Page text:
The SHOX gene is highly expressed in osteogenic cells, but its expression was also described in skeletal and cardiac muscles and in the fibroblasts from the bone marrow. During the embryonic period, its expression is restricted to members and pharyngeal arches, and it can be detected in osteoblasts of human embryos from the second month of pregnancy on.10 Therefore, SHOX expression is not only restricted to the developing limbs but was also detected in the mesenchymal core of the first and second pharyngeal arches. Expression was first seen at Carnegie stage (CS) 15. The first pharyngeal arch mesenchyme goes on to produce the maxilla and mandible as well as some of the bony elements of the external and middle ear. The mesenchyme of the second branchial arch contributes to several bones, including those of the middle ear.25 These findings support the idea that the gene is essential for bone development.10 A summary of SHOX and SHOX2 expression is given in Table 1.

Table 1.

The expression of SHOX and SHOX2.

First and second pharyngeal arch and derived structures
CS15 onwards, mesodermal core  CS13 onwards, surrounding mesenchyme 
Third pharyngeal arch and derived structures− 
  CS13 onwards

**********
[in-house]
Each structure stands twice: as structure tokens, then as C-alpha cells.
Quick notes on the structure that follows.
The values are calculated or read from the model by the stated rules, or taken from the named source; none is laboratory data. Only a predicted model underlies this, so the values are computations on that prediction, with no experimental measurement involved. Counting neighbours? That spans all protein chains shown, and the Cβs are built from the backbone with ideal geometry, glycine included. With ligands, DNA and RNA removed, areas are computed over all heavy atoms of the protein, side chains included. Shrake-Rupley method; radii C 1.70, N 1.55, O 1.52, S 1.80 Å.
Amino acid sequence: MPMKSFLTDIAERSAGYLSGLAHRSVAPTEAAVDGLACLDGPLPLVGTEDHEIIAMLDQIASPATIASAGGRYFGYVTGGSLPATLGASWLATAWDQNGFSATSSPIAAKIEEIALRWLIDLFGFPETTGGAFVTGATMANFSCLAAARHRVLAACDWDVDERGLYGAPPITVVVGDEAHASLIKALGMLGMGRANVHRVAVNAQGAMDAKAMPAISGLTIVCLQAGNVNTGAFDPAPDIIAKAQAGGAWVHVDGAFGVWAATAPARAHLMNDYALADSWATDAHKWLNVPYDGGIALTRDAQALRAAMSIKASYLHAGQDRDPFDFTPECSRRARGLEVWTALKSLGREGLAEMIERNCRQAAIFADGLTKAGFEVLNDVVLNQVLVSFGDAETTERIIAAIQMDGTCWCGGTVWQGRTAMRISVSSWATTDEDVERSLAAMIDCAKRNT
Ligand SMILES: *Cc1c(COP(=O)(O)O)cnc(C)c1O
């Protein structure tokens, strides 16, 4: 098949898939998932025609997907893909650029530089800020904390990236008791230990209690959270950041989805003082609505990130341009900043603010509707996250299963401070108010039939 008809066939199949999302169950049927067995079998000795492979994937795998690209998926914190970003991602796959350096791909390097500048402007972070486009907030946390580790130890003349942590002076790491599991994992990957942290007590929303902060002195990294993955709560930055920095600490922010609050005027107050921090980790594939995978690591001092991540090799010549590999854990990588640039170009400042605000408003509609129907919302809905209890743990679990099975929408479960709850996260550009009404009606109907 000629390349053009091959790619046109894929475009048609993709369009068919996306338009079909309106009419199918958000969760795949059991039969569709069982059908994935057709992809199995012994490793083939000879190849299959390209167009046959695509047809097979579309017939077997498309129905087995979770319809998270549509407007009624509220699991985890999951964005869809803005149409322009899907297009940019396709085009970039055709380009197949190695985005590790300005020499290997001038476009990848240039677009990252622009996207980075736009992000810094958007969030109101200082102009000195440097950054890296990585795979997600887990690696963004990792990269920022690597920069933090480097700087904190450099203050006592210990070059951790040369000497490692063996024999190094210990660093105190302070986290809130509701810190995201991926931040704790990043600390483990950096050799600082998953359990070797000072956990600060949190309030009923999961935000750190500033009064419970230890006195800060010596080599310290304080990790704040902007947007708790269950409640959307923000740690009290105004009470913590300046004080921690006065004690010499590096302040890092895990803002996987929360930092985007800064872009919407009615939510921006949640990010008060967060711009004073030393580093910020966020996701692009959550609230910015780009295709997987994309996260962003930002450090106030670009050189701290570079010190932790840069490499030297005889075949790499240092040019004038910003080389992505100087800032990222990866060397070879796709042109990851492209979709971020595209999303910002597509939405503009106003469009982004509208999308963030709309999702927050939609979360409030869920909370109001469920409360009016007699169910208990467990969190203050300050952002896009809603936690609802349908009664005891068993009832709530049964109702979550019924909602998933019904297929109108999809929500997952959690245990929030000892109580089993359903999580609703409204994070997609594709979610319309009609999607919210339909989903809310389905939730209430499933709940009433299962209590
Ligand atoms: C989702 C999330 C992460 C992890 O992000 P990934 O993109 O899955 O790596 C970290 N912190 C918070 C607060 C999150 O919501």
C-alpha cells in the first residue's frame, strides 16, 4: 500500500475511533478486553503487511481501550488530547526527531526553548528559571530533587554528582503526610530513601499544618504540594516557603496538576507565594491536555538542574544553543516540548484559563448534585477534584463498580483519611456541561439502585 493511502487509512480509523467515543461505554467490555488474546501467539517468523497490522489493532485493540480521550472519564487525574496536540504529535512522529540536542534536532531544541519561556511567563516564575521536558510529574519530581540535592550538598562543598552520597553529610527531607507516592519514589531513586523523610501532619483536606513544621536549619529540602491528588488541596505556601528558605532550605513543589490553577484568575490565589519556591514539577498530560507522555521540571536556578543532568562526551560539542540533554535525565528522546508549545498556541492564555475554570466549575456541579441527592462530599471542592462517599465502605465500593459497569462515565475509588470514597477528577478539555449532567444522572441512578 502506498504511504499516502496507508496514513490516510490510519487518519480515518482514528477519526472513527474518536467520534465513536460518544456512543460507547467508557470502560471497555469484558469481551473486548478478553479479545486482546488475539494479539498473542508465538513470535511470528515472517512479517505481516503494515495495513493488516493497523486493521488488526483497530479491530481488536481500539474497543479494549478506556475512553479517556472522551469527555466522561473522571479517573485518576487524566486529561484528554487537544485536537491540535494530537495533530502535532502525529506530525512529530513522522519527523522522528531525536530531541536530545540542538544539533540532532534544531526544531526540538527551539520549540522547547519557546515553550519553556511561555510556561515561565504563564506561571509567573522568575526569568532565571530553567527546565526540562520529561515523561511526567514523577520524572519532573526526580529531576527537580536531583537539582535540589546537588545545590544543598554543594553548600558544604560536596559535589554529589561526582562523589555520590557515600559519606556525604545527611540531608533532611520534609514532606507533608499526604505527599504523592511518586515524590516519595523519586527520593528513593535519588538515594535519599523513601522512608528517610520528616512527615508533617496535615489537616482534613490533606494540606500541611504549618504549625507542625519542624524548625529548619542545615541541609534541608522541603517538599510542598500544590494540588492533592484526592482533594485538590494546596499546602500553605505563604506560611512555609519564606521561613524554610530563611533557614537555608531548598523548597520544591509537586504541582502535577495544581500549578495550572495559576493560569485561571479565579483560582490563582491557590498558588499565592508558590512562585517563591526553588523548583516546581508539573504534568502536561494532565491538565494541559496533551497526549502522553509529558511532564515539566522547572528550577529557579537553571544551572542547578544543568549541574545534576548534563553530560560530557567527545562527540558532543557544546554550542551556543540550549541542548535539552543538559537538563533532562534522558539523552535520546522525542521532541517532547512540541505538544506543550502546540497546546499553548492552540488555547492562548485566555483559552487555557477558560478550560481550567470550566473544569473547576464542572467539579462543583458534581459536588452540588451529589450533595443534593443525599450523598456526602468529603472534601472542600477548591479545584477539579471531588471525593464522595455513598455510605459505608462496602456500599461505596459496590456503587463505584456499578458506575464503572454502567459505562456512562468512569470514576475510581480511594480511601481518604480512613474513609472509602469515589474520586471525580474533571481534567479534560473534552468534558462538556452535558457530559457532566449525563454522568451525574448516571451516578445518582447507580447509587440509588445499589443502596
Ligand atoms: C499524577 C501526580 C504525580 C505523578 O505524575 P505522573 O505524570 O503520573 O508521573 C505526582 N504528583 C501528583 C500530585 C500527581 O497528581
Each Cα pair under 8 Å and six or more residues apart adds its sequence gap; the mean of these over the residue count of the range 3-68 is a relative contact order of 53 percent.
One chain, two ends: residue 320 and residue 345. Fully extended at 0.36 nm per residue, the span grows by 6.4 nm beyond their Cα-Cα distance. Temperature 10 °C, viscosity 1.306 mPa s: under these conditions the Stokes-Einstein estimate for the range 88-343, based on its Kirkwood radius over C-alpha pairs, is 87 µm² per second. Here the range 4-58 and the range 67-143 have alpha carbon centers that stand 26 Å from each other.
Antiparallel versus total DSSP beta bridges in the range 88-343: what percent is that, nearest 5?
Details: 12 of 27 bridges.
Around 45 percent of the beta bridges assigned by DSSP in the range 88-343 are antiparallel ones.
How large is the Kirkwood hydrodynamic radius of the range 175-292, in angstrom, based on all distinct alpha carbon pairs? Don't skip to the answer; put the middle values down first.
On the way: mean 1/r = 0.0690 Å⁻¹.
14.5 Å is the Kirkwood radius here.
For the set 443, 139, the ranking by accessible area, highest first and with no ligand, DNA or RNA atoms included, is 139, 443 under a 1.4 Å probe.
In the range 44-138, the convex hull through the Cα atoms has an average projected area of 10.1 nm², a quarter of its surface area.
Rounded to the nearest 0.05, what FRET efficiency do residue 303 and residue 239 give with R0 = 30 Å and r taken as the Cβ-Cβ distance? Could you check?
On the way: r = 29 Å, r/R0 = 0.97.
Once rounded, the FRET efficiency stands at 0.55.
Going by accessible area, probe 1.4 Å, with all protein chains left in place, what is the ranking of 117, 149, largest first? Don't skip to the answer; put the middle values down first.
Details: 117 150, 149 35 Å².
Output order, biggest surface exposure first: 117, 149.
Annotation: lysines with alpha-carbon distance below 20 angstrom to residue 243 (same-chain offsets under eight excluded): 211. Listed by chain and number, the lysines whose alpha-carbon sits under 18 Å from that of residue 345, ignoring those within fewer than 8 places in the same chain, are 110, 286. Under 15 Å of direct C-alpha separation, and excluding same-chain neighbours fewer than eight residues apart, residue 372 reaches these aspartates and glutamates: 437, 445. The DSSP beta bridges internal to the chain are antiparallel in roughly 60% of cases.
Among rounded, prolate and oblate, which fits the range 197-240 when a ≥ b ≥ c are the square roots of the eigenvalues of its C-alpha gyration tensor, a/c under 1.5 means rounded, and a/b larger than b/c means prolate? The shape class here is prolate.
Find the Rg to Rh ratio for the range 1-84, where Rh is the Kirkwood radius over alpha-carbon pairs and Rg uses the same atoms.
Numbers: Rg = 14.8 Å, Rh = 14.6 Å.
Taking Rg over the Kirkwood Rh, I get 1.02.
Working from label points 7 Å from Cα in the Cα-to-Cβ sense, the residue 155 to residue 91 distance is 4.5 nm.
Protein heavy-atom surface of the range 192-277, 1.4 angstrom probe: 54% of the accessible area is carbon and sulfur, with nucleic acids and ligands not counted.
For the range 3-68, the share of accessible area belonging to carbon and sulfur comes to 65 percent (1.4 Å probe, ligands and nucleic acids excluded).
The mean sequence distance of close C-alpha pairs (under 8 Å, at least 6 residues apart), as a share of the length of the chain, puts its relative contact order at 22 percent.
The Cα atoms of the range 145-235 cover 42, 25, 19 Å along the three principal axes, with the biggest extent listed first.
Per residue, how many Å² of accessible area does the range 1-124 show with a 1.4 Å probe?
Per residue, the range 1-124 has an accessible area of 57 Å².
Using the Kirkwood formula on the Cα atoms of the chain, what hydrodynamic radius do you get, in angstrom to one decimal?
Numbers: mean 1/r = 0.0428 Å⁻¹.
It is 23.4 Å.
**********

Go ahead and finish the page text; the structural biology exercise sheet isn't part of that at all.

Nasal process− 
  CS15, and later, CS19, vomeronasal organ 
CNS basal plate− 
  Forebrain to spinal cord 
Dorsal root ganglia  − 
Cardiac inflow tract  − 
Initial expression  CS14  CS13 
Bone  +/− 
Muscle  − 
Connective tissue  +/− 
Genital tubercle  − 
Osteogenic cells  − 
Skeletal and cardiac muscle  − 
Triceps muscle  − 
Fibroblasts from bone marrow  − 
Embryonic morphogenesis  − 
Heart and nervous system development  − 
Neuroblastomas  − 
Breast cancer  − 
Squamous cell carcinomas of the lung  − 

SHOX: short stature homeobox

(adapted from Jorge et al.10, Clement Jones et al.25, Schmidt et al.28 and Vickerman et al.29)

The SHOX gene is not expressed in the vertebrae, phalanges, heart, central nervous system or genitalia.11,24,26,27 On the other hand, the observed stature changes and dysmorphic skeletal features in TS imply that the SHOX gene influences the timing of growth plate fusion and skeletal maturation. SHOX gene is expressed in the middle aspect (mesomelic region) of the upper limbs and the pharyngeal arch and has undetectable expression in embryonic somites that eventually form vertebrae.11

Expression of homeobox proteins themselves is controlled both on the transcriptional and translational levels. SHOX2 is a known regulator of chondrocyte hypertrophy and has important functions in skeleton development and embryogenic pattern formation. Other regulatory functions affect embryonic morphogenesis, heart and nervous system development.28SHOX2 is expressed in embryonic and adult skeletal muscles of the proximal limb.29

Interestingly, SHOX2 expression is frequent in various different types of tumors, among them neuroblastomas, breast cancer and squamous cell carcinomas of the lung. Homeoproteins are often found to be deregulated in cancer and both down- and up-regulation can be linked with tumor development and progression by activating or repressing multiple downstream genes, thereby acting as protooncogenes or tumor suppressor genes. However, a direct or indirect implication of SHOX2 as transcriptional regulator during cancerogenesis can be hypothesized.28